<?php
// index.php
// ...

// configure and add TMDb client to DI container
$container['tmdb'] = function ($container) {
  return new Client([
    'base_uri' => 'https://api.themoviedb.org',
    'timeout'  => 6000,
    'verify' => false,    // set to true in production
  ]);
};

// ...
$app->run();

With this code in place, you can access the Guzzle HTTP client from anywhere in the PHP script using $this->tmdb.

Next, add a handler to receive the search terms and invoke the TMDb API method from the previous step, which generates a list of matching results:

<?php
// index.php
// ...
// search page controller
$app->post('/search', function (Request $request, Response $response, $args) {
  $config = $this->get('settings');
  $params = $request->getParams();
  if (!($q = filter_var($params['q'], FILTER_SANITIZE_STRING))) {
    throw new Exception('ERROR: Query is not a valid string');
  }

  // search TMDb API for matches
  $apiResponse = $this->tmdb->get('/3/search/multi', [
    'query' => [
      'api_key' => $config['tmdb']['key'],
      'query' => $q
    ]
  ]);  

  // decode TMDb API response
  // provide results to template
  if ($apiResponse->getStatusCode() == 200) {
    $json = (string)$apiResponse->getBody();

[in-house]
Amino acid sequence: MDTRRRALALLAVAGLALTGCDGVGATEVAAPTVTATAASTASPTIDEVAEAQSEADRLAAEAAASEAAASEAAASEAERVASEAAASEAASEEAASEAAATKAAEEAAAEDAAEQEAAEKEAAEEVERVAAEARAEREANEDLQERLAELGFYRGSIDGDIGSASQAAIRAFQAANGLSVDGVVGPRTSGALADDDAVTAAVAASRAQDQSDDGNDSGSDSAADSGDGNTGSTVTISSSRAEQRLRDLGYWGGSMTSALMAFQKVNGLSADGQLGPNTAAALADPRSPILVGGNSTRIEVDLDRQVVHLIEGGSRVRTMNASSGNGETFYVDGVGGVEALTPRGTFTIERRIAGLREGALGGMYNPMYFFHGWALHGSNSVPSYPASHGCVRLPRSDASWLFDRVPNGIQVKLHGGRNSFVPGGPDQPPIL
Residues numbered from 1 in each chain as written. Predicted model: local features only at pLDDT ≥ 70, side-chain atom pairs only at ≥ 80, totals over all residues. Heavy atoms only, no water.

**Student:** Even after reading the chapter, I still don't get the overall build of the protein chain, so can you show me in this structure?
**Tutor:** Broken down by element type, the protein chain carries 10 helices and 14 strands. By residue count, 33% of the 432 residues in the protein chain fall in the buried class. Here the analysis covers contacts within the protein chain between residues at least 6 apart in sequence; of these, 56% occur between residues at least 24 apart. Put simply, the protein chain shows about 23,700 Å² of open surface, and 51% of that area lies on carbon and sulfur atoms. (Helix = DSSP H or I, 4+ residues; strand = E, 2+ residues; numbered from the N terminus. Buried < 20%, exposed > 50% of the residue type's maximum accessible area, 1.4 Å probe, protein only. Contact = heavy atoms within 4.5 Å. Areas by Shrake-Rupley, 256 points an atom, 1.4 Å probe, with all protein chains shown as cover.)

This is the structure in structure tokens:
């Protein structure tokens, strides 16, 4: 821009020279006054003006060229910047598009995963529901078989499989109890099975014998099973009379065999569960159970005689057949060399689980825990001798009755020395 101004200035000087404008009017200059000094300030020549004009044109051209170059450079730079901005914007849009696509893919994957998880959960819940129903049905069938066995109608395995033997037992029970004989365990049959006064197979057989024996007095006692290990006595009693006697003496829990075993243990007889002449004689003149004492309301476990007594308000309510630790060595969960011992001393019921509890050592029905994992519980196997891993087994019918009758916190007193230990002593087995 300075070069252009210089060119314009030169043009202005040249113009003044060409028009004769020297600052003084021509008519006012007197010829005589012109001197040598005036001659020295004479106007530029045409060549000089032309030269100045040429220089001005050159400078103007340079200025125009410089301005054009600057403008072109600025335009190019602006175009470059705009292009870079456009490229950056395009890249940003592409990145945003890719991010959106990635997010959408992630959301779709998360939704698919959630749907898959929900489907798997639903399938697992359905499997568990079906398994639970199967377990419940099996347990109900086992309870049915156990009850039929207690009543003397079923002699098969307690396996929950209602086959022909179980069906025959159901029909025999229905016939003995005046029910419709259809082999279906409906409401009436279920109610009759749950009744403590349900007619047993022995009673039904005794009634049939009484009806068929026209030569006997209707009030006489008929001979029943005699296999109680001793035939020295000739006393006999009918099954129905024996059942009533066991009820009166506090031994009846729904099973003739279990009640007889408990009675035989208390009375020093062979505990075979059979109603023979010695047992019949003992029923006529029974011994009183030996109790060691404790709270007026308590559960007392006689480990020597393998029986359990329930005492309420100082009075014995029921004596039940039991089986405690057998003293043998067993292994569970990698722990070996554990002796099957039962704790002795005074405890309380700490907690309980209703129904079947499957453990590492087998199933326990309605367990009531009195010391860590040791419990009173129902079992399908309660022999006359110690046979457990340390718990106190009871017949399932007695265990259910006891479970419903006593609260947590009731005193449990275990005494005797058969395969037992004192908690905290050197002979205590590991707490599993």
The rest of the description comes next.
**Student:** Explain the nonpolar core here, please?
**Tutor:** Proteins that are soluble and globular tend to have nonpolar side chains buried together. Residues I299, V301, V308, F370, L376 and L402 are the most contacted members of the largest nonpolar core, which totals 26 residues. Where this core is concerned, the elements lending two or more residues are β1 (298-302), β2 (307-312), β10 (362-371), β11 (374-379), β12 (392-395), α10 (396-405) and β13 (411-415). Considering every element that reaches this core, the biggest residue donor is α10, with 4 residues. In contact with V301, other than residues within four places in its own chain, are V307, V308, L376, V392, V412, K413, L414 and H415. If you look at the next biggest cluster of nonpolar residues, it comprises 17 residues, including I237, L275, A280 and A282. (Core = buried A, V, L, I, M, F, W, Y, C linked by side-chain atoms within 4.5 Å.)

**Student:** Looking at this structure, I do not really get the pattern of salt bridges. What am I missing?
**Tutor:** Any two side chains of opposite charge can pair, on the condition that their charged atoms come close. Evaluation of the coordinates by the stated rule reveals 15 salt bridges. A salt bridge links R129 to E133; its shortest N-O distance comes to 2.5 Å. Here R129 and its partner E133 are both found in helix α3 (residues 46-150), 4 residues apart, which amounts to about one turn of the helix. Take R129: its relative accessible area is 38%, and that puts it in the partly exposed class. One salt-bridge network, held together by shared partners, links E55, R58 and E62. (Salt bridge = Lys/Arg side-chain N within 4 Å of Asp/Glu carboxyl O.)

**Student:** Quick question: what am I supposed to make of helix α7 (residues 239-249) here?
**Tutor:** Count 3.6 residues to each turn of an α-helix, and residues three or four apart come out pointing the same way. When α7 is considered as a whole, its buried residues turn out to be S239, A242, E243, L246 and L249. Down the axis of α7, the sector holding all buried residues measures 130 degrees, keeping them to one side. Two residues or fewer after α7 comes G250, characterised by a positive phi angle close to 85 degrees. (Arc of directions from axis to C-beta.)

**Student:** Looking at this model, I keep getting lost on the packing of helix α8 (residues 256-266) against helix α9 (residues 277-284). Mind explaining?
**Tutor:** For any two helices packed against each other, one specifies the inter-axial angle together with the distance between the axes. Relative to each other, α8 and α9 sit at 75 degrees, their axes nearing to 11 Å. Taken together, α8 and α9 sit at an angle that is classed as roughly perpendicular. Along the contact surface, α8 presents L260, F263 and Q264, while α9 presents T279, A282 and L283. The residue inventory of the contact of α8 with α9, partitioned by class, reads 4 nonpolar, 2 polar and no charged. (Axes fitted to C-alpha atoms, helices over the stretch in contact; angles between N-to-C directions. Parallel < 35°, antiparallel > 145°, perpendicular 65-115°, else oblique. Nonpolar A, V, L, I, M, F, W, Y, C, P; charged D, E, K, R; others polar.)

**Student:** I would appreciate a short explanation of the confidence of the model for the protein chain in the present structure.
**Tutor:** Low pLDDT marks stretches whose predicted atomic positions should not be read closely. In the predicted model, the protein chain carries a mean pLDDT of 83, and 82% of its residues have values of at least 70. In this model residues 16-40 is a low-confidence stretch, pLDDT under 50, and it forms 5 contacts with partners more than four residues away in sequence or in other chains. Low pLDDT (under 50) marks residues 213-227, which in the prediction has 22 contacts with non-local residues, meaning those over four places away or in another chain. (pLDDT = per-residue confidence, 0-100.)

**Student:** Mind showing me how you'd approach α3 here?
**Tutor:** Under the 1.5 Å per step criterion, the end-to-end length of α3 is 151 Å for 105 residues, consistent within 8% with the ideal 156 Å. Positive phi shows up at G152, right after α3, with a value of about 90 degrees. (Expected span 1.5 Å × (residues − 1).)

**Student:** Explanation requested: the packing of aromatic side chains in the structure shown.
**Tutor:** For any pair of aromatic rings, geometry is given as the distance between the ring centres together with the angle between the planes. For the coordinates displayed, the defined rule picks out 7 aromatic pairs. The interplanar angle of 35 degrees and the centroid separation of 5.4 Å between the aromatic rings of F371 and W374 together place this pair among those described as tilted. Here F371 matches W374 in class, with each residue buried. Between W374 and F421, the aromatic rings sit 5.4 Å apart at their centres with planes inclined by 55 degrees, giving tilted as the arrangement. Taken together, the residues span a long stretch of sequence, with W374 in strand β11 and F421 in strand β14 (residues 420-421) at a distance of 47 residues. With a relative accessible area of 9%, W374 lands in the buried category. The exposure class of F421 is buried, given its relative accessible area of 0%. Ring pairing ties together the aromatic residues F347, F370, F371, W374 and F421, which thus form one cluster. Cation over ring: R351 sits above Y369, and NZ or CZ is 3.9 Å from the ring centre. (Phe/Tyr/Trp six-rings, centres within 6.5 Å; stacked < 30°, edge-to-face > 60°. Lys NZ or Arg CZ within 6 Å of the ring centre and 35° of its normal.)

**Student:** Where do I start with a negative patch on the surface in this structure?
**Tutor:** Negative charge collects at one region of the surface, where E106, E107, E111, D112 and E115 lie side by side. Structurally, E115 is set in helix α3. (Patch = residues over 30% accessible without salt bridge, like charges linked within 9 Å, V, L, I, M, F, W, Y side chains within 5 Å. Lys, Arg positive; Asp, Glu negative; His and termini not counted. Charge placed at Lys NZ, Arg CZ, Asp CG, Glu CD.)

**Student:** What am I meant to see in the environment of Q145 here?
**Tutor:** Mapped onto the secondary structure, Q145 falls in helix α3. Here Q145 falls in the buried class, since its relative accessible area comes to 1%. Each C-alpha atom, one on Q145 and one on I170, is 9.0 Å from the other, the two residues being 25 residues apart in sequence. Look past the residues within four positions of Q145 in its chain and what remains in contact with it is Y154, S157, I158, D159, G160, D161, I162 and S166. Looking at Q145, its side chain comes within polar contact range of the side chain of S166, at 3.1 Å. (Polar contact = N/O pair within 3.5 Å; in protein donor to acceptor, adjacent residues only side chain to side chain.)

$body = json_decode($json);
  }  
  $response = $this->view->render($response, 'search.twig', [
    'router' => $this->router,
    'q' => $q,
    'results' => $body->results
  ]);
  return $response;
})->setName('search');

// ...
$app->run();

This handler that you added does the following actions:

  1. It receives POST submissions from the search form and checks and sanitizes the submitted input.
  2. t uses the Guzzle HTTP client object from the Slim dependency injection container to send a GET request to the TMDb API. It incorporates both the search terms and the API key from the application configuration file.
  3. It checks the HTTP client response code and if it receives a successful response code (HTTP 200), it transforms the JSON response packet into a PHP object that contains the search results.
  4. It renders the search results page and provides the page template with the search results as a variable.

Finally, add the following template to display the search results at $APP_ROOT/templates/search.twig:

{% extends 'home.twig' %}

    {% block content %}

    <h3 class="display-6">Search Results</h3>
    {% if results|length > 0 %}
    <table class="table">
      <thead>
        <tr>
          <th scope="col">ID</th>
          <th scope="col">Title</th>
          <th scope="col">Release date</th>
          <th scope="col"></th>
        </tr>
      </thead>
      <tbody>
      {% for result in results %}
        {% if result.media_type != 'person' %}
        <tr>
          <td>{{ result.id }}</td>
          <td>{{ result.title ? result.title|e : result.name|e }}</td>
          <td>{{ result.release_date ? result.release_date|date("M Y") : result.first_air_date|date("M Y") }}</td>